When Michael Jackson died, I stayed at home glued to the TV screen watching every video, interview
and footage that was available and airing on cable at that time. This signified the end of my childhood era and I wanted to connect with all those that were experiencing something similar to the loss I felt. I needed to belong with people that grew up in the era of Michael Jackson’s greatness. The period before the color and face changes, before the sexual abuse accusations and before he dangled Blanket over the balcony. In short, the time before the Pepsi commercial.
Weirdly for me at that time, all the TV channels kept repeating one sentence in varied ways the whole
weekend through. “People in Japan are tweeting that…”, “From tweets collected in Russia…”, “Twitter
polls indicate…” I had no clue what Twitter was and my only connection was the little boy from Jackson 5. Whatever was happening on Twitter, it had something to do with him and so I knew that that is where I belonged. My people that would understand my loss were there. I created my account and was welcomed by a world of grief, memories and solidarity. I was home.
After the mourning period, I stayed on. I walked through the streets of Twitter and realized how amazing it was to place thoughts on a canvas and have it colored in by complete strangers. People that you do not have to ask about their kids and spouses, people that will not feel offended when you do not greet them in the morning, essentially people that you do not need to have a superficial relationship with. I would not regard my relations on social media as deep, but because it is mostly free from subjective inter-personal issues, it allows me to tackle the actual topic with somebody rather than allowing my ego or theirs to tackle each others’ personalities. There are many important dimensions and realities that I discovered there. Trending topics change all the time, but I have finally found and followed those people that discuss topics essential to my personal growth.
My favorite topic has become Afrika (with a k.) Before Twitter, I identified with black life as being either that portrayed by Black Americans or African villagers in our rural areas. Everything in between was just floating around with no position of real reference for me. Ironically, being neither black in America or African in a village, I fell right into that place that I had ignorantly constructed myself. On Twitter I learned that I had not yet self-identified. I was just floating in a bubble that I had filled with my admiration of the heroic struggles by the likes of Malcolm X and Assata Shakur. My illusionary bubble also had space to fit in my respect of the African village women who I felt was dignified though her simplicity. I never identified with anybody’s fights as a collective struggle or thought that perhaps it could even include me. Wanting nothing for myself but mere existence, that is all I did; exist.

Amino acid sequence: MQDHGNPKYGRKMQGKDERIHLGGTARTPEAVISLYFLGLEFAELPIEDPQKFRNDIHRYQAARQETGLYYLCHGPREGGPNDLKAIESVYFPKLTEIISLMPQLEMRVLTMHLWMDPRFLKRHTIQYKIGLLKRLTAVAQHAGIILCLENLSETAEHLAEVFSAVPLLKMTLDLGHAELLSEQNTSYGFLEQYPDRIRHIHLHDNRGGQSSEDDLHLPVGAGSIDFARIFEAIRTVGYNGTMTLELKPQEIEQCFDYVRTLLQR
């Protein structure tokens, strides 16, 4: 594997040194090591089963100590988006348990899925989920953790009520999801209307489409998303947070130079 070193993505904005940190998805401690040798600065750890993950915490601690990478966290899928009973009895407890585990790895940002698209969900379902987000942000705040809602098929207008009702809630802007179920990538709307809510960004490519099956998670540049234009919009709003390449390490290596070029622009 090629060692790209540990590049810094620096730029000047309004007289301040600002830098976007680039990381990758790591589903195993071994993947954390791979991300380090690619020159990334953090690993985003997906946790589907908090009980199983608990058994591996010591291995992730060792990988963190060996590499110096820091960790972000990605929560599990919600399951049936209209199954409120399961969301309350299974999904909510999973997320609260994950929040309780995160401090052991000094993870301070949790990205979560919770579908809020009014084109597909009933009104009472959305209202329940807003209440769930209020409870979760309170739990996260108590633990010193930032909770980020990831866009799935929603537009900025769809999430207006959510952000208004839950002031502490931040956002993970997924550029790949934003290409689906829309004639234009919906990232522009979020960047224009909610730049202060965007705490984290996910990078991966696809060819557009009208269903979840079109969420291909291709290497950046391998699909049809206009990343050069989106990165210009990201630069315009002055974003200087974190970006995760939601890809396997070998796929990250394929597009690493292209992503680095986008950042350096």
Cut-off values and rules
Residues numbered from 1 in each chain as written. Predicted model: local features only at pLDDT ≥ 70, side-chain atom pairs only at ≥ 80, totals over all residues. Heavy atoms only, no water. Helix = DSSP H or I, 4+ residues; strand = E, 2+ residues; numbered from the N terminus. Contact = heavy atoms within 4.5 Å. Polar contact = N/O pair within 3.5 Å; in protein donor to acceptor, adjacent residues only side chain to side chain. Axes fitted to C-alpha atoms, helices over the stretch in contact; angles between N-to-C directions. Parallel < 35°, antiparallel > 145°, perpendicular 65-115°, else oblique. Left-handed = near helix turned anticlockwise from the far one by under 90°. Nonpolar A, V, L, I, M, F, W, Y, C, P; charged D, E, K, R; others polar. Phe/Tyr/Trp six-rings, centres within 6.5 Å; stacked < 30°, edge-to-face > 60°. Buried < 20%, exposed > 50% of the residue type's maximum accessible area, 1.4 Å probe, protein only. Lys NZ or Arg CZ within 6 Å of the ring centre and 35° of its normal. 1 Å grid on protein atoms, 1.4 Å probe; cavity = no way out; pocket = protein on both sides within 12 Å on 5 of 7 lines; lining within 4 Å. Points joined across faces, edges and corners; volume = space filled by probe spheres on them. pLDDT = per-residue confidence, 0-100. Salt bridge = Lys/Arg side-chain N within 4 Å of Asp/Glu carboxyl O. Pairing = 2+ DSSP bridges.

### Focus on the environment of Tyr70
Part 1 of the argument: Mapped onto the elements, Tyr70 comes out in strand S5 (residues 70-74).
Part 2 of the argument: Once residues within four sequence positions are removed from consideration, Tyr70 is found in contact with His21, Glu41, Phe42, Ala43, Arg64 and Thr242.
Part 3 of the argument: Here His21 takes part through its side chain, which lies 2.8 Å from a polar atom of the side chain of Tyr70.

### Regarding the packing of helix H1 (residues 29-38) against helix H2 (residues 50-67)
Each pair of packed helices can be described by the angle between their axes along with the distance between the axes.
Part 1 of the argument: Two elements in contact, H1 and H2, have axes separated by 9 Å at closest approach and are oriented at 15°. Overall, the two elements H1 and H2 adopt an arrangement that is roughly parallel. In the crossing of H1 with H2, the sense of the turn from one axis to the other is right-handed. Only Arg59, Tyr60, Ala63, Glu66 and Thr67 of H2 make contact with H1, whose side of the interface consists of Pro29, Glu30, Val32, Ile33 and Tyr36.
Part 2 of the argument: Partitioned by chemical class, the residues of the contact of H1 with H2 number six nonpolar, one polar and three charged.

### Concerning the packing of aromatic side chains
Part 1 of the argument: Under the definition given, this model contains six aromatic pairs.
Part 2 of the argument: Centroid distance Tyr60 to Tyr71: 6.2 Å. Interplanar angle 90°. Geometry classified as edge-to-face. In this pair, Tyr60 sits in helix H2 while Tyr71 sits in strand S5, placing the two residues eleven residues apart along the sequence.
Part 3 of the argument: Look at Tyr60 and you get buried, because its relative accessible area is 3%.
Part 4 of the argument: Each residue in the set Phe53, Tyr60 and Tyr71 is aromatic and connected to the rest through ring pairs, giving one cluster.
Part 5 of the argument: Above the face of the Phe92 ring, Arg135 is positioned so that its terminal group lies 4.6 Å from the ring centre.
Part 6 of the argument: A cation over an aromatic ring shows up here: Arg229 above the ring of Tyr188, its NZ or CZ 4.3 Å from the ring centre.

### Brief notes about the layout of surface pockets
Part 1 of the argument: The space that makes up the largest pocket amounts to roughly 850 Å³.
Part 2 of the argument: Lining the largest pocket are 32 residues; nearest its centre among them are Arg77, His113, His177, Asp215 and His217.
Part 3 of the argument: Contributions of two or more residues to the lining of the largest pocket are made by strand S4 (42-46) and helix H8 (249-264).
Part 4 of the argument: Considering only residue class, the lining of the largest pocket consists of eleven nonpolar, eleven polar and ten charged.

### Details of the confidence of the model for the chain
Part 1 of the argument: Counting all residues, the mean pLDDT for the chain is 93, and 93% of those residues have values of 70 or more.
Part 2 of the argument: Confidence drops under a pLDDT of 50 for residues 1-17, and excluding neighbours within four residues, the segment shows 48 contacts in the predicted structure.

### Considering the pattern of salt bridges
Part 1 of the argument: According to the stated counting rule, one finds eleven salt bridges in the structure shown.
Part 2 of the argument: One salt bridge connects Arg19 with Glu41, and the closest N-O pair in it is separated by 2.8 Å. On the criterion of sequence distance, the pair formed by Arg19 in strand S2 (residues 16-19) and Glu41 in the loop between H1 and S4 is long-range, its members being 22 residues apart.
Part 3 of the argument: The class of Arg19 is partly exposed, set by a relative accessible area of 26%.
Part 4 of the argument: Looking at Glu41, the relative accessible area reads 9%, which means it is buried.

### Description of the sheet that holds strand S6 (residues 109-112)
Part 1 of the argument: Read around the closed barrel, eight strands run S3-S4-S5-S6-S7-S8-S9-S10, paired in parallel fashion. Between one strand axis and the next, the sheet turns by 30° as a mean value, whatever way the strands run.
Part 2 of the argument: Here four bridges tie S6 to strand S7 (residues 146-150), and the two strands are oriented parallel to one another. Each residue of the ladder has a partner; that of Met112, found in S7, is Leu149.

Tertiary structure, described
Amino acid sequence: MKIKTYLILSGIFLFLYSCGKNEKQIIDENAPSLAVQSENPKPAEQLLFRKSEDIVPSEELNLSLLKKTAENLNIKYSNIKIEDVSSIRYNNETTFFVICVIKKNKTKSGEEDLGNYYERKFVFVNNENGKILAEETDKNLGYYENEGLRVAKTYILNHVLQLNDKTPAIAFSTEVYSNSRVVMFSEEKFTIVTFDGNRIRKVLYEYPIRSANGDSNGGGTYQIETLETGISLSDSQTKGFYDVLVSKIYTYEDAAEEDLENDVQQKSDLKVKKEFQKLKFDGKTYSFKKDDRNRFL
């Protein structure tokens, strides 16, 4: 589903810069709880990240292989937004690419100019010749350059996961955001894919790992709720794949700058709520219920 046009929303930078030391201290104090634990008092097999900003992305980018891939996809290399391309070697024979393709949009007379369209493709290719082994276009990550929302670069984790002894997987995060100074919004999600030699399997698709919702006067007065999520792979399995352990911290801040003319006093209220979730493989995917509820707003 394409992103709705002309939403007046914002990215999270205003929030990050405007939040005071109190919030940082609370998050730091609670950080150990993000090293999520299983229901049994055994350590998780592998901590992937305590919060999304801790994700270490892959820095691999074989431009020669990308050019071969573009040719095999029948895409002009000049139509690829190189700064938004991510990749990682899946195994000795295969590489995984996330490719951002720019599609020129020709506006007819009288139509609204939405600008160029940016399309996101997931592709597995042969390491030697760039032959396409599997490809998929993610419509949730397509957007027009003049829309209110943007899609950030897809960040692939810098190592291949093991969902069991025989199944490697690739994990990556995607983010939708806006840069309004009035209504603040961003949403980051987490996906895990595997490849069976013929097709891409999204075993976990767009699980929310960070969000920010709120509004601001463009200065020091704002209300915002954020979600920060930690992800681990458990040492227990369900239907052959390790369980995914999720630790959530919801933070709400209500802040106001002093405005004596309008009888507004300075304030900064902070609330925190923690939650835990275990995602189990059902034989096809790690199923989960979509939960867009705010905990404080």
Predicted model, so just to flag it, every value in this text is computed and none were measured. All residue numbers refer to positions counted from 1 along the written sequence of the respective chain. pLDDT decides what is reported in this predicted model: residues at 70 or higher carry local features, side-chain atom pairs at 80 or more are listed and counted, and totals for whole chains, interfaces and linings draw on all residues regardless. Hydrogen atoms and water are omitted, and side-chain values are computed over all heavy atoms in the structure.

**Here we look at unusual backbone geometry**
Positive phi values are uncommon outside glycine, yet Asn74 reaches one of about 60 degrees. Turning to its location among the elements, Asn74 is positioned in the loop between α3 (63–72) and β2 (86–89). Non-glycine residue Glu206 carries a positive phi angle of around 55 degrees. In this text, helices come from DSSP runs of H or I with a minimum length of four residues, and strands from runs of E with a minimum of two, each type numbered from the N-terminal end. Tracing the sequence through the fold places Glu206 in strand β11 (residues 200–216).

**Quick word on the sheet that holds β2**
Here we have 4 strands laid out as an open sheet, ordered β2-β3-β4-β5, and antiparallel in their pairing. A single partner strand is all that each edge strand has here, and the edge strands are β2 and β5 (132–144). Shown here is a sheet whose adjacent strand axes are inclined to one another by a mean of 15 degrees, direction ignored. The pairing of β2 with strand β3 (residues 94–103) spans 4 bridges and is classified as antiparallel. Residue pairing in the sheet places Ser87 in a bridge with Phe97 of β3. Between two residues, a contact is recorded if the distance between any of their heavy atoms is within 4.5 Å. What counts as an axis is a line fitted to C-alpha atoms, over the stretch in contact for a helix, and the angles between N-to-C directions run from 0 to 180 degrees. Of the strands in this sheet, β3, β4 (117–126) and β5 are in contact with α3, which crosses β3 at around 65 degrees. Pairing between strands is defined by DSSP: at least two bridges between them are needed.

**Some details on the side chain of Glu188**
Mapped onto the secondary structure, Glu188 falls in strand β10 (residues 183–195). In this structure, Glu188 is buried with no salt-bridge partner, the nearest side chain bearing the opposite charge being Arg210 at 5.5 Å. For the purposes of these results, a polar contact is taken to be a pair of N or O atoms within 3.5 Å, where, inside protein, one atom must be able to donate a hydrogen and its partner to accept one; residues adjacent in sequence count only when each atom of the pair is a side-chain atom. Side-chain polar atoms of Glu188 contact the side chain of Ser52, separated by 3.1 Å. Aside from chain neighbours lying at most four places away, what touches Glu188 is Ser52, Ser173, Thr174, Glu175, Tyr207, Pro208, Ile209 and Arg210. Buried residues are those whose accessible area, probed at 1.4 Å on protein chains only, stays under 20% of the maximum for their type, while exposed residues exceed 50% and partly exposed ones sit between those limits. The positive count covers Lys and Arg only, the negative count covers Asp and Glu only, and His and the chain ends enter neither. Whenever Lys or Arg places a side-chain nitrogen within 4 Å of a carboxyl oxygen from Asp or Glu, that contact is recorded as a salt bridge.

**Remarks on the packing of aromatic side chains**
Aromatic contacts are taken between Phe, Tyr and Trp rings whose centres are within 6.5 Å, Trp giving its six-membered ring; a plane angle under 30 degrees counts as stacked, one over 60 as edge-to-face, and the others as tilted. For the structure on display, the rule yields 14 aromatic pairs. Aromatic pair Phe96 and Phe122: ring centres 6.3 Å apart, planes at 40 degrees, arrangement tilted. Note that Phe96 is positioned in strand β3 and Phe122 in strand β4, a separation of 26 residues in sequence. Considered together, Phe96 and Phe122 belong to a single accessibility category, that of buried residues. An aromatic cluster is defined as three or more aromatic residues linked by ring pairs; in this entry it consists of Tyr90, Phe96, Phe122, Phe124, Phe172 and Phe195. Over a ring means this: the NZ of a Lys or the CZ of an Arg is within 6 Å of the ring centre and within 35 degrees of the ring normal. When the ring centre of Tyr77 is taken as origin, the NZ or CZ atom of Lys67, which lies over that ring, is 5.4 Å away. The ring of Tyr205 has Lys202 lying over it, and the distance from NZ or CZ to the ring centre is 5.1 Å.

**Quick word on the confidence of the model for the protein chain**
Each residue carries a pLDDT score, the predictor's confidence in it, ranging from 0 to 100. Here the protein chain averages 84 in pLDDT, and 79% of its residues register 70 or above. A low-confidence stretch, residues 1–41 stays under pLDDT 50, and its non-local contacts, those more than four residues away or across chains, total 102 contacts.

Then Twitter became the classroom where everybody could be a teacher. I learned so much about
racism, colorism, capitalism, patriarchy and how they all smoothly fit together to run the machinery
of our societies. I learned that my education system had deprived me of Captain Thomas Sankara,
the young president from Burkina Faso who was murdered in his first phase of wanting better for
Burkinabes and Africa in general. I learned that feminism is not just for angry, white lesbians that wear no bras, but also for black men. I realized that I may even be a Cabralista. Maybe I am a field nigger. At times I am also a teacher.
Whatever it is that I am transcending to, it brought on the dawn of realization that it is beneficiary to emancipate oneself from mental slavery and that this is not just something that sounds good in a Bob Marley track. I am now educating myself on my culture and taking this to rebuild myself. My heritage has grown from not just being Omuwambo in Namibia, but an African in the world with brothers and sisters on the rest of the continent and in the diaspora. I have learned that not everything is a conspiracy theory, but some events are really well calculated steps taken. I see now how many decisions we make and think are ours that are actually imposed upon us though media, education and doctrine. I believe that it can be different for us in and from Africa if we start thinking about our oppression instead of tolerating it. I have seen the beauty in our people, languages and music. I have witnessed the strength in unity and solidarity. I have known the slogan “Say it loud. I am black and I am proud.” Now I know that it is not just cool rhyming.
Twitter is not for everyone, but it makes for a good experience when you construct your environment
well. For some people it is still just Twitter. Some are not aware of their ignorance, others not of their privilege. Some may wonder what I am fussing about. Several just want entertainment and escape from everyday life. I just wanted comfort when I joined. Now I have decided to make use of the reservoir of knowledge and power shared by my people. I am reshaping my world. I try to know a little more, think a little better so I can live more meaningfully. I think I am headed there. Thank you
About the Author: Isidore Noel
My parents met in Libya, so I like to believe that I was made in
Libya. Part of my childhood was spent in a country that does not exists anymore, but whose
socioeconomic existence has influenced my idealistic thoughts in later years. Right now I
am a non-active Biologist with sociopolitical interests, especially in the African context.
Follow her @Nthugbaby